Hey, kids! Your teachers will be on NJTV every morning giving lessons
New Jersey’s public television network is going live to help enhance remote learning for hundreds of thousands of students during statewide school closures caused by the coronavirus pandemic.
Starting Monday, April 6, NJTV Learning Live will debut as a four-hour block of educational programming with lessons taught by New Jersey teachers.
Each weekday from 9 a.m. to 1 p.m., NJTV Learning Live will offer programs geared toward instructing grades 3 to 6, on the following schedule:
- 9 a.m. - third-grade instruction begins
- 10 a.m. - fourth-grade programming
- 11 a.m. - fifth-grade programming
- Noon - sixth-grade programming
Subjects will include English language arts, math, science, social studies and a “special” such as art, music or physical education.
Each hourlong segment features a lesson recorded by a New Jersey teacher from his or her home.
The initiative was created through a partnership between NJTV, the New Jersey Education Association and the state Department of Education.
NJTV Learning Live is scheduled to run until May, while it "can continue into mid-June if needed," according to the April 2 statement from state education officials.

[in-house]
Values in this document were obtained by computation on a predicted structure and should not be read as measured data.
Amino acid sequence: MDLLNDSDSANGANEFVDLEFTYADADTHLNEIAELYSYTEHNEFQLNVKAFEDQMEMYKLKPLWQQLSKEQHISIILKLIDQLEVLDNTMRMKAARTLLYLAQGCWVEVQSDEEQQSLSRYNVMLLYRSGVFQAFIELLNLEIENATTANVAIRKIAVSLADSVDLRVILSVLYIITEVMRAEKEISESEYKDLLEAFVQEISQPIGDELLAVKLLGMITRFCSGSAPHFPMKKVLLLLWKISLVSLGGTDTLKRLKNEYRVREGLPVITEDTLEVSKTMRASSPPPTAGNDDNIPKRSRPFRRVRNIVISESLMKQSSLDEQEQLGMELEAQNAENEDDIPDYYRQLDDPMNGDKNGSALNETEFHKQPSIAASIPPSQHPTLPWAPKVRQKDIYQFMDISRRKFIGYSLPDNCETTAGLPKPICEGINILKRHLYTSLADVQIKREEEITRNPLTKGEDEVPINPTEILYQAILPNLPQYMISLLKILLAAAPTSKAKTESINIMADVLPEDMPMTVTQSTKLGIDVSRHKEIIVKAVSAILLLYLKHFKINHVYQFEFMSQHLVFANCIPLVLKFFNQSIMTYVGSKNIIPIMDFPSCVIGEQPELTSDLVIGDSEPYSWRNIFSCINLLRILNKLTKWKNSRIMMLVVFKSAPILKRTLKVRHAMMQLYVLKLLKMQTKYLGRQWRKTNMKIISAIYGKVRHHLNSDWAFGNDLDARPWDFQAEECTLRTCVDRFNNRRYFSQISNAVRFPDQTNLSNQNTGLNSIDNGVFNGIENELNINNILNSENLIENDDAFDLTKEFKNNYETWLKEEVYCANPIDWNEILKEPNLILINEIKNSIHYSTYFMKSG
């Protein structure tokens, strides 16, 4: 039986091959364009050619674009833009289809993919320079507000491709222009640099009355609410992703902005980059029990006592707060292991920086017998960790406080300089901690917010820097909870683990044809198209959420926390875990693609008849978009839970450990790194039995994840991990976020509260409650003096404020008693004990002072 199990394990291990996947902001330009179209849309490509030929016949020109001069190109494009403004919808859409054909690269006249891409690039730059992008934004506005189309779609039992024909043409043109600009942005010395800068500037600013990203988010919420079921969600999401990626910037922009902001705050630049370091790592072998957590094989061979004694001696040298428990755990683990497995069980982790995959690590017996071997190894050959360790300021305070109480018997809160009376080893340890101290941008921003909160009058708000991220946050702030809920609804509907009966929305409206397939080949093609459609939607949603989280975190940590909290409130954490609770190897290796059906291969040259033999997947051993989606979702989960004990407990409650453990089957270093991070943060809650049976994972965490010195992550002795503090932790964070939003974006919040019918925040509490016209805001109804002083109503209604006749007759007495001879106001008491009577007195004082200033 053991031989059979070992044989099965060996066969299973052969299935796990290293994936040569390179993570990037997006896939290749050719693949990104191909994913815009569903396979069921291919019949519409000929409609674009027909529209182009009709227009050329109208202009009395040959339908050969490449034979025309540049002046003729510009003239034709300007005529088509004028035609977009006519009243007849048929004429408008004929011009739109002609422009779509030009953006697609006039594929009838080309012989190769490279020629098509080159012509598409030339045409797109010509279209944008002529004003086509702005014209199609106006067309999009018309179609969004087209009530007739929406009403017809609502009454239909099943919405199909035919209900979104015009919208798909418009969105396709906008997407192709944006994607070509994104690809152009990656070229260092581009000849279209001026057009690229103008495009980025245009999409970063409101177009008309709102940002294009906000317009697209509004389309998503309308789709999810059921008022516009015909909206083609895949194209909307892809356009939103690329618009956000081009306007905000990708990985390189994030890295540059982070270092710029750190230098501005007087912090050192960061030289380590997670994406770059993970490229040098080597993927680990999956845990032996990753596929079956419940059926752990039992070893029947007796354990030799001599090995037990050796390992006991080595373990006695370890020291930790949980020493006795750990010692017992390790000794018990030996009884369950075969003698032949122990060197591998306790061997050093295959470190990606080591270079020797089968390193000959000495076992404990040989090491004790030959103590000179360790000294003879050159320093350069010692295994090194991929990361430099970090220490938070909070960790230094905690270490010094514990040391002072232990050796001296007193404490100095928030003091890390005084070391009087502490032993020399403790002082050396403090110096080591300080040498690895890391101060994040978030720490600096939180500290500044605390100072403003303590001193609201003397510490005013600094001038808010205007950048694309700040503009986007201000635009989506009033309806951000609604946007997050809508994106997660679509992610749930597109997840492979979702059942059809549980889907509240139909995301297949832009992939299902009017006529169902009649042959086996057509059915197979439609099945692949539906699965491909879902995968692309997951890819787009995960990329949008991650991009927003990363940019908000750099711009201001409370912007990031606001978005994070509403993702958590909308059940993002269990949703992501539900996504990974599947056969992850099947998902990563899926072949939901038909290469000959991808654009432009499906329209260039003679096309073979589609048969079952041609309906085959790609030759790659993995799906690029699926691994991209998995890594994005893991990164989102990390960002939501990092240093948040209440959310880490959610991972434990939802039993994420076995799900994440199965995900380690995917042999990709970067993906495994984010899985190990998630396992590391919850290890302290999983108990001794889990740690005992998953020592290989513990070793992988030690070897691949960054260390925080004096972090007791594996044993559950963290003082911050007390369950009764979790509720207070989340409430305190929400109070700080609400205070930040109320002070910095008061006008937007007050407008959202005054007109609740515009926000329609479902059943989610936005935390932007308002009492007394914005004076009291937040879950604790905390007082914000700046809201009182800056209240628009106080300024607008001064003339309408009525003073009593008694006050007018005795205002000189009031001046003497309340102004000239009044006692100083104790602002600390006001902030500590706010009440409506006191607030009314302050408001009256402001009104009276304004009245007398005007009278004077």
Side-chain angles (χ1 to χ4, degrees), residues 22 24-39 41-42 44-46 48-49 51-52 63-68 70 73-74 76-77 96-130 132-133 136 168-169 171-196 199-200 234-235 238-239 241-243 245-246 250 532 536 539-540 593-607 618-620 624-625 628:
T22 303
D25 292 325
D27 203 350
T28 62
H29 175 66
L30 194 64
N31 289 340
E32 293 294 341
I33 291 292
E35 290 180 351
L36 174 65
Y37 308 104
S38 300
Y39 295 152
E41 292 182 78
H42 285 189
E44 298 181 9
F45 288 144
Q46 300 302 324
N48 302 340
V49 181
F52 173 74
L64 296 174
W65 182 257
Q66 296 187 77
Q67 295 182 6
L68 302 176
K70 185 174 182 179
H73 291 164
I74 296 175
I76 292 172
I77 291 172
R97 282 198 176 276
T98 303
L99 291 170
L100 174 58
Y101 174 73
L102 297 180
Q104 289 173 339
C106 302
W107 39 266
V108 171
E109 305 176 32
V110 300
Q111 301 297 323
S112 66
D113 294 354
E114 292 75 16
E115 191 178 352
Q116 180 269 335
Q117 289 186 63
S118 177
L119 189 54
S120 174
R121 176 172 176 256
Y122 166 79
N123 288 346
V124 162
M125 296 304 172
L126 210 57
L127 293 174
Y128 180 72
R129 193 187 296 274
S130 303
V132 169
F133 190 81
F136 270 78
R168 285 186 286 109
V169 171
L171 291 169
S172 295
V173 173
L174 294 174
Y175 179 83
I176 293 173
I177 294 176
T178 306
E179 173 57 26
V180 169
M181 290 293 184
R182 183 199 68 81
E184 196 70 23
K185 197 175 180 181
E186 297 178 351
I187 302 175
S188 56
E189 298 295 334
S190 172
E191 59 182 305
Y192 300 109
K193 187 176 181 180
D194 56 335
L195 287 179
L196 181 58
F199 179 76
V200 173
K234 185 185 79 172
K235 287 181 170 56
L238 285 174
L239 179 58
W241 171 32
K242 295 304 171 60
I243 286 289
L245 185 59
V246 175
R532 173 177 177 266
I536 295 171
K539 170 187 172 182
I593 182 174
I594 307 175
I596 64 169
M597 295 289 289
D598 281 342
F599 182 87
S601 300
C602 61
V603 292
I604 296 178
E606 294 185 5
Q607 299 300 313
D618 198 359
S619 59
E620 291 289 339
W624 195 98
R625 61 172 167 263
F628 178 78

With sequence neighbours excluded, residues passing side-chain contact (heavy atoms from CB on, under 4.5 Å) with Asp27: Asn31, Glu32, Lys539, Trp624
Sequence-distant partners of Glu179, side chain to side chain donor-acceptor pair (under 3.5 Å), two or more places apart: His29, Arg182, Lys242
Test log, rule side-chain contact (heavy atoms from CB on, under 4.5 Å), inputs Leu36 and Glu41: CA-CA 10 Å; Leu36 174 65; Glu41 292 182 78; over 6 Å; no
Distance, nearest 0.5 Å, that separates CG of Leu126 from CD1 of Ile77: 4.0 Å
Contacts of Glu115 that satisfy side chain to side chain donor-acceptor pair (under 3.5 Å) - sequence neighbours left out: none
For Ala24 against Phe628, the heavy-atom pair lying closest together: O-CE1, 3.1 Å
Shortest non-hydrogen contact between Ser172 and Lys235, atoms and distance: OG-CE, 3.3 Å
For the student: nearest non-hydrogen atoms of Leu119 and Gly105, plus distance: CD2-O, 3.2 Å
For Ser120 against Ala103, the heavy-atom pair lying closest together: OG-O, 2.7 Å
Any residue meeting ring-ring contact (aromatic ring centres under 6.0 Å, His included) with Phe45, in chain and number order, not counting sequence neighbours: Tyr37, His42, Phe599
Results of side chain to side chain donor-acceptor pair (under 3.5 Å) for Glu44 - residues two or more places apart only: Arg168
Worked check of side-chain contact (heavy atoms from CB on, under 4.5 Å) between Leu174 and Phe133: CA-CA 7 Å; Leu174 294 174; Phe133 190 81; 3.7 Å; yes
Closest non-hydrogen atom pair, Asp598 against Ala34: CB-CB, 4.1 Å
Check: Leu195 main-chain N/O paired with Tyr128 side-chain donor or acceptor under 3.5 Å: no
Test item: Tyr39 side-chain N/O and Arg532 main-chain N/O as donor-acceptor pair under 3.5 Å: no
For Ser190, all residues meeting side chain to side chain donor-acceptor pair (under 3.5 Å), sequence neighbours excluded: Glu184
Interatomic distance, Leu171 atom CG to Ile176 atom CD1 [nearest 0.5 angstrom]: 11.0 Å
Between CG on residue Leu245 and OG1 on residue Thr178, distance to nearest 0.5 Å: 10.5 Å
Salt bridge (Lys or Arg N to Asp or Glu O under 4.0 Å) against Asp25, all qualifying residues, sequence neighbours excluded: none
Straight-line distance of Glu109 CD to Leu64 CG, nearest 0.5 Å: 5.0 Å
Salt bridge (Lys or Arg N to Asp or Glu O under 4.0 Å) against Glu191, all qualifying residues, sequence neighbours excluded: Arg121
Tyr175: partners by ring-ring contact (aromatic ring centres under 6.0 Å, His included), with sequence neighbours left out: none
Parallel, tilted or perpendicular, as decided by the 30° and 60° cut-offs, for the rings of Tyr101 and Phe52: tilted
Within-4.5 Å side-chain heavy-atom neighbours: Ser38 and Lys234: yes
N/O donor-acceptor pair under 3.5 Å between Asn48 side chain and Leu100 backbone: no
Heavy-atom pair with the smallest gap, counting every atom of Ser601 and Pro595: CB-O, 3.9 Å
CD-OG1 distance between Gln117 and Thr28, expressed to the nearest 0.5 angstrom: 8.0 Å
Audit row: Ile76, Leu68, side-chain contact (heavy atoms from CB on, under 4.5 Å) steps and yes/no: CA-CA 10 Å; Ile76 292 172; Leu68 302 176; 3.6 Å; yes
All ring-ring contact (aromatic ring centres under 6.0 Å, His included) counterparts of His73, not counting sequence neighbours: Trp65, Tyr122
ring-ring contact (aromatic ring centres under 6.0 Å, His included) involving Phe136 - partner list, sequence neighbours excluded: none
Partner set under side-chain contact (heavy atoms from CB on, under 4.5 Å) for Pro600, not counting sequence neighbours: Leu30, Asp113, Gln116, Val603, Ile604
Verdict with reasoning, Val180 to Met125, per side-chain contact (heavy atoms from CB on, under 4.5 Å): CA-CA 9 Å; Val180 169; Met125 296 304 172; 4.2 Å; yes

“This is a great example of how New Jerseyans are coming together, from educators to broadcasters, to help improve student learning throughout the state,” state Education Commissioner Lamont Repollet said.
Department of Education spokesman Mike Yaple said when it comes to remote learning this season, "school districts are reporting the greatest ease and success with high schoolers, followed by middle schoolers. They are the most independent learners."
Yaple also said the department determined students from kindergarten through grade 2 "would face the greatest developmental difficulties with an hourlong instructional program like this," especially in a household that might not have an adult actively facilitating remote learning.
So, it was determined that grades 3-6 would best benefit from the NJTV programming.
“Nothing is better than face-to-face instruction given by a teacher in the classroom, but while we are all doing our part to flatten the curve, NJEA members are also looking for every opportunity to help students keep learning,” NJEA President Marie Blistan said. “These lessons will provide valuable enrichment and supplement what students are already getting from their own teachers."
NJTV reaches into all 21 counties of the state.
New Jersey 2019-20 Teacher of the Year Kimberly Dickstein Hughes, of Haddonfield, will serve as host between segments, going by the name Miss D.
The NJEA is working with the state to invite teachers to take part in the broadcasts.
More than 200 educators volunteered to provide instruction in the initial outreach, according to the state.
The Department of Education will select the teachers and NJTV will provide its services to produce and broadcast the programs.
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